Petting guide for cats

While some cats start to purr happily when petted, others start to scratch or even lash out. In most cases, this is because you just caught the velvet paw in the wrong place or it is not in the mood for cuddling.

Cat-friendly zones: This is where cats particularly like to be petted

In fact, it has been scientifically researched where cats particularly like to be petted. In a study by the New Zealand psychologist Susan Soennichsen, it turned out that there are so-called “cat-like zones”. This includes the area around the lips and chin as well as the temple regions between the eyes and ears. Last but not least, cats prefer these spots because they have scent glands that are used for marking. So if you stroke your velvet paw in these areas, your individual scent mark will be left behind. However, since these areas are on the head, it is important to be particularly gentle when stroking and scratching.

In addition to the cat-friendly zones already mentioned, there are other areas that are very popular with cats. Many cats like to scratch their neck and neck lightly. Some also seem to enjoy being massaged carefully and gently behind the ears. However, opinions on the velvet paw seem to be particularly divided when it comes to the cat’s back and tail: some are very fond of it, while others jump up and run away.

Absolute taboos: These places should be avoided when petting a cat

Although cats like to be petted in many places, there are just as many taboo areas that you should avoid at all costs. The majority of cats do not like being stroked or even touched on their stomachs, legs and paws. This is due to the natural protective instinct of our four-legged friends, because these areas are particularly vulnerable. For this reason, the fur noses only lie on their backs when they really feel comfortable in their surroundings.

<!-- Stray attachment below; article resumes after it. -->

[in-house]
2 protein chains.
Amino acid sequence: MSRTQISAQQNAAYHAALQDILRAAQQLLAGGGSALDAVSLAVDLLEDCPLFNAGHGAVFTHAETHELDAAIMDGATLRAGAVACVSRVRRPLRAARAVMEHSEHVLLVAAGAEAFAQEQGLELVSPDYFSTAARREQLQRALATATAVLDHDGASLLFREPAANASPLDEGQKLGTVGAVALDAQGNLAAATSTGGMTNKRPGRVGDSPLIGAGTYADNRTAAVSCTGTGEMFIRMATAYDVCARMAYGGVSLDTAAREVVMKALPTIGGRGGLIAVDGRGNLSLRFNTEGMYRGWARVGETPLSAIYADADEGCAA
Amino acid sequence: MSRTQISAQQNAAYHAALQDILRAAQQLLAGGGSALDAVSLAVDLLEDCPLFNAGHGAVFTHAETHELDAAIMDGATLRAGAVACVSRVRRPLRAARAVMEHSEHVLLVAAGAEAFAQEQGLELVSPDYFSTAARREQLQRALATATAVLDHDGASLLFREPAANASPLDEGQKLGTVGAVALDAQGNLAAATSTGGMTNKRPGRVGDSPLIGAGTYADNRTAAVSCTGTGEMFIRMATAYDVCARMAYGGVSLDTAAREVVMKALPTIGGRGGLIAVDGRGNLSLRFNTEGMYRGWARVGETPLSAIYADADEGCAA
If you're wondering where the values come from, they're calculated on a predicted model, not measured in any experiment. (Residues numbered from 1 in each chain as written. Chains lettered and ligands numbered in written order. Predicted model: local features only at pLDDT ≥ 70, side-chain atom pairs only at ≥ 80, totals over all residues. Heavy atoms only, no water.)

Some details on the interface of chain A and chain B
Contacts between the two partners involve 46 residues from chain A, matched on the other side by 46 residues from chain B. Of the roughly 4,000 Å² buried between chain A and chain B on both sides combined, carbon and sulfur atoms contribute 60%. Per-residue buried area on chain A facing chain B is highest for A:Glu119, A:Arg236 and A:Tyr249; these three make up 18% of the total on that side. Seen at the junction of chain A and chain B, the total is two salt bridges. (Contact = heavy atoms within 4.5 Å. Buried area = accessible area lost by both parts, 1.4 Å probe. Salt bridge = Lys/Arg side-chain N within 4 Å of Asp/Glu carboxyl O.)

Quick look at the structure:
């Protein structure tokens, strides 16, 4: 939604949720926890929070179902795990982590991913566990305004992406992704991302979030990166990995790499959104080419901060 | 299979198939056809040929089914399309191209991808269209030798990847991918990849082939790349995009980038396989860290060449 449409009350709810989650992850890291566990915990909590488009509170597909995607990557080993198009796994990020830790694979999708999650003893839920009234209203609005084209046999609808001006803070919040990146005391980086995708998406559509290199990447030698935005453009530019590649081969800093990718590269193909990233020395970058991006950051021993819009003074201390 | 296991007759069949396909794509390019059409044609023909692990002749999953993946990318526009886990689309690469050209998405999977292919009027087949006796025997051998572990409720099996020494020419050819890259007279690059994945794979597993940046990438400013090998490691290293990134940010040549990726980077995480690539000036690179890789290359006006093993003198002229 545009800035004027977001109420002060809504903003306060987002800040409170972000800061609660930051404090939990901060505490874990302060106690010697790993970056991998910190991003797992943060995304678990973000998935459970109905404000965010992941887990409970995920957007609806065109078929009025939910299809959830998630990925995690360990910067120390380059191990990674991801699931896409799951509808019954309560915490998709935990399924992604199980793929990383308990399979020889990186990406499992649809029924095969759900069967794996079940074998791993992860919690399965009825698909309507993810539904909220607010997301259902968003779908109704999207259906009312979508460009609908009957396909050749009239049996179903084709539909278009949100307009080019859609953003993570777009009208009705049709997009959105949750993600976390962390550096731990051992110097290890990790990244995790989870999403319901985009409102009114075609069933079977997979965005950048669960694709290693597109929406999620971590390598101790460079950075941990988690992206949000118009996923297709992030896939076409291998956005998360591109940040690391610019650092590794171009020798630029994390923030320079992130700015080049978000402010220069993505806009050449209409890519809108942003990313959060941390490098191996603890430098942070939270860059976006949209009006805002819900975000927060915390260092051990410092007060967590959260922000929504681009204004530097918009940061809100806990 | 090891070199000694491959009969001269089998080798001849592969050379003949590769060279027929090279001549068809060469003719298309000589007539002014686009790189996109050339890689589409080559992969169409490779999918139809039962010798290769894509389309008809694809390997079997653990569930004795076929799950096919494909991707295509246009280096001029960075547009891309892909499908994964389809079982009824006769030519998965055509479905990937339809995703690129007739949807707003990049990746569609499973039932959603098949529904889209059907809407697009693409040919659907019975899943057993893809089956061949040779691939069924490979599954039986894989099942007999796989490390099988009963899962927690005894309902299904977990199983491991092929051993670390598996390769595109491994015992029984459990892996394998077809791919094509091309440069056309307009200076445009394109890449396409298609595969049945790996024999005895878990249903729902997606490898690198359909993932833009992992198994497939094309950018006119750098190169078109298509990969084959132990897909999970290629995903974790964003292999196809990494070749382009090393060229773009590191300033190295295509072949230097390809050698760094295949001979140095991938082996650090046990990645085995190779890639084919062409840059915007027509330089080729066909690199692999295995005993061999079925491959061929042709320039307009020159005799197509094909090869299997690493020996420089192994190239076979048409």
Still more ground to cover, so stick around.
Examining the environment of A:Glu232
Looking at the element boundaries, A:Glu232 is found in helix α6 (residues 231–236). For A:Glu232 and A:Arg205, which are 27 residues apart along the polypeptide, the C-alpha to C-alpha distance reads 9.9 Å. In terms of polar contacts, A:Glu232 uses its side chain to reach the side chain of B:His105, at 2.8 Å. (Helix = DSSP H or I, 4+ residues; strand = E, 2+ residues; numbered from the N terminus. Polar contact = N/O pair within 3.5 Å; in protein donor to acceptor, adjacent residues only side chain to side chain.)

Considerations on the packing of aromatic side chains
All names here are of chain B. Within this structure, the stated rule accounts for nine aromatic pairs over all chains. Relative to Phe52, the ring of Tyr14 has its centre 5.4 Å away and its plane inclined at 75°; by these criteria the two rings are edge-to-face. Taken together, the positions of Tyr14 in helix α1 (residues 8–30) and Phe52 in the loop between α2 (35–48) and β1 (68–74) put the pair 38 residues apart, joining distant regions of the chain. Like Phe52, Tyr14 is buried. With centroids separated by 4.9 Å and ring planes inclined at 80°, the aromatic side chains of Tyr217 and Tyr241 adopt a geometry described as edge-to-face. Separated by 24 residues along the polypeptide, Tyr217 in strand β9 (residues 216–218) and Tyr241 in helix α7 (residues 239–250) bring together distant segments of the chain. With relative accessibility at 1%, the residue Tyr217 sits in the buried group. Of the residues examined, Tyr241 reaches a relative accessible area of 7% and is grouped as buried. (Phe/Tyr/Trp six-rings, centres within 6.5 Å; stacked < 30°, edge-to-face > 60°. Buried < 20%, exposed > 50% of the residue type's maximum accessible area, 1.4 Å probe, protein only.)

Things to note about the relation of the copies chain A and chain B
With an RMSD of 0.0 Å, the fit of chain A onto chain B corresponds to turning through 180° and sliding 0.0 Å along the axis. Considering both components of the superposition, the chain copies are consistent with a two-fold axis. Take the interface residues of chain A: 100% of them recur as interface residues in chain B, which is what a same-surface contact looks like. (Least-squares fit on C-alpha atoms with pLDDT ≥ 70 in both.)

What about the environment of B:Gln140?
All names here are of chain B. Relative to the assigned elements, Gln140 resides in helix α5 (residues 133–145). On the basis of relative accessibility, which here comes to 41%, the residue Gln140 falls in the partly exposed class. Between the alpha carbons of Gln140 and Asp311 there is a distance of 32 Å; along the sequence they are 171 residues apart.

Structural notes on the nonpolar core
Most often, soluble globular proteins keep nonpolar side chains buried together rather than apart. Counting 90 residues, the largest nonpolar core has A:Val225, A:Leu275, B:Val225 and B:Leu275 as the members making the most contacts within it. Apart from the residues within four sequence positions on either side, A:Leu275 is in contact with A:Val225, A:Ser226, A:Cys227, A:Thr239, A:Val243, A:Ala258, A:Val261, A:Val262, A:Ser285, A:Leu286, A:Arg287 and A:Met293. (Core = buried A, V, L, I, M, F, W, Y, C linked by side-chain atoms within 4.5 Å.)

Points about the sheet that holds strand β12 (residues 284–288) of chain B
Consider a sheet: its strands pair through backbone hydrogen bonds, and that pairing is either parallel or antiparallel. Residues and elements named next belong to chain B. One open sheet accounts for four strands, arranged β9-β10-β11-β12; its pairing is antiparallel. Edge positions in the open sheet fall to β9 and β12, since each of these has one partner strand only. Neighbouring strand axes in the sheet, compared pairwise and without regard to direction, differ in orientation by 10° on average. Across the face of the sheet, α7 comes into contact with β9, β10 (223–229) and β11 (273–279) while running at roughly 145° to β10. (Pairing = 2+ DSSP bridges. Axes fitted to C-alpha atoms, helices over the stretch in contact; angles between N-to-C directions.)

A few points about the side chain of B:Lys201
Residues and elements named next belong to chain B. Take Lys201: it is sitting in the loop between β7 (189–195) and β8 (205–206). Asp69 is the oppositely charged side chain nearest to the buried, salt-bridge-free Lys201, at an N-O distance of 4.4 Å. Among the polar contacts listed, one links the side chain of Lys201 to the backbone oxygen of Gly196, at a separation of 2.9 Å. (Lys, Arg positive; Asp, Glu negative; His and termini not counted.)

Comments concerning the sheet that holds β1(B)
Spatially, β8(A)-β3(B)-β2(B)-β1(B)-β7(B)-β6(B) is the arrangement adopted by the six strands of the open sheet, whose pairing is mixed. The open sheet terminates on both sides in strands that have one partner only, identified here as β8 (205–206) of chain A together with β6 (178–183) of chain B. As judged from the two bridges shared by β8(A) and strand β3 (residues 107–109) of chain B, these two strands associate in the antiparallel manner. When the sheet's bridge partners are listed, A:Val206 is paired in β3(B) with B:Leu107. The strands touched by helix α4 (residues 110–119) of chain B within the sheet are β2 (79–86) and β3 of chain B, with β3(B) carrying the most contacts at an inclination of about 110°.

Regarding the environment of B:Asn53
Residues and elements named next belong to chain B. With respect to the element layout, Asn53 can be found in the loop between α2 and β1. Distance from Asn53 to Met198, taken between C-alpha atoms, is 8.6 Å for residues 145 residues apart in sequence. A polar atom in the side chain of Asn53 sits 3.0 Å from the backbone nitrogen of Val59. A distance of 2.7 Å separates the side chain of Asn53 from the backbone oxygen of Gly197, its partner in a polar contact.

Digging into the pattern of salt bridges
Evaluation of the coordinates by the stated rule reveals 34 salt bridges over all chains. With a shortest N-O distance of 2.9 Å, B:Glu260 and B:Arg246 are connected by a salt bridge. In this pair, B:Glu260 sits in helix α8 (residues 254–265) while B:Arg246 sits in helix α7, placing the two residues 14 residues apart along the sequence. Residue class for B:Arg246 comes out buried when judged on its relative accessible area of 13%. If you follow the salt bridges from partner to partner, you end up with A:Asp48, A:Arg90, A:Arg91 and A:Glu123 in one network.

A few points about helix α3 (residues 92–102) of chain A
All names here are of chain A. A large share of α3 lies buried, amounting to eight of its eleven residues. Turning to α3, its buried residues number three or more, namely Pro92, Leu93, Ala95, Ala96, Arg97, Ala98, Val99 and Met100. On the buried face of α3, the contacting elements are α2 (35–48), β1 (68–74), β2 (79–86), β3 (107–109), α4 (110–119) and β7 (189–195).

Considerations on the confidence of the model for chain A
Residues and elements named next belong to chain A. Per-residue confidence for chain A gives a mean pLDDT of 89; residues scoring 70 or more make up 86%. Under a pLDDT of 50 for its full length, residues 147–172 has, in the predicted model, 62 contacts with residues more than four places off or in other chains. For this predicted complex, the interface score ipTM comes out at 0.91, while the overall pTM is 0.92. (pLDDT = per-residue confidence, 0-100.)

Tips and tricks for successful petting with your velvet paw

Now that we know which areas are allowed to be petted and which should be avoided, there are a few basic rules to follow when petting. With these tips and tricks you can ensure that the next cuddle session is a success:

notice the cat’s interest

In order not to potentially annoy your cat, you should pay attention to whether the cat even has the need for physical contact and petting. To find out, you can hold out your hand and see if she comes up to you and starts sniffing or even rubs her head on your hand. This is a clear signal that your velvet paw is in the mood for a little petting. Ideally, your cat will even approach you on its own.

If she shows no interest, you should not touch your cat under any circumstances, otherwise you are threatened with unpleasant hissing or biting. In the worst case, you could have a negative impact on your cat’s trust.

Correctly interpret body signals

If your cat doesn’t like being petted or if she’s had enough, she will use certain signals to let it know. If the cat starts to get restless, twitch its tail, lay its ears back or hiss, this is a clear sign.

However, if she closes her eyes, purrs and even kicks her feet, then you have done everything right!

Use fingertips and fingernails

When stroking the sensitive four-legged friends, you should make sure that you only apply a little pressure. The best way to do this is with your fingertips.

Stroke with the direction of fur growth

If you try to stroke your cat against the direction of fur growth, she will probably resist.

By the way: Cats don’t like being patted at all.



Cats are very unique animals with a headstrong mind. Despite these tips and tricks, every fur nose still has its own preferences. Accordingly, it makes sense to approach it slowly and try out what your cat likes and what doesn’t. It’s not uncommon for some cats to just not like to be petted. This may disappoint you at first, but you should also accept this.

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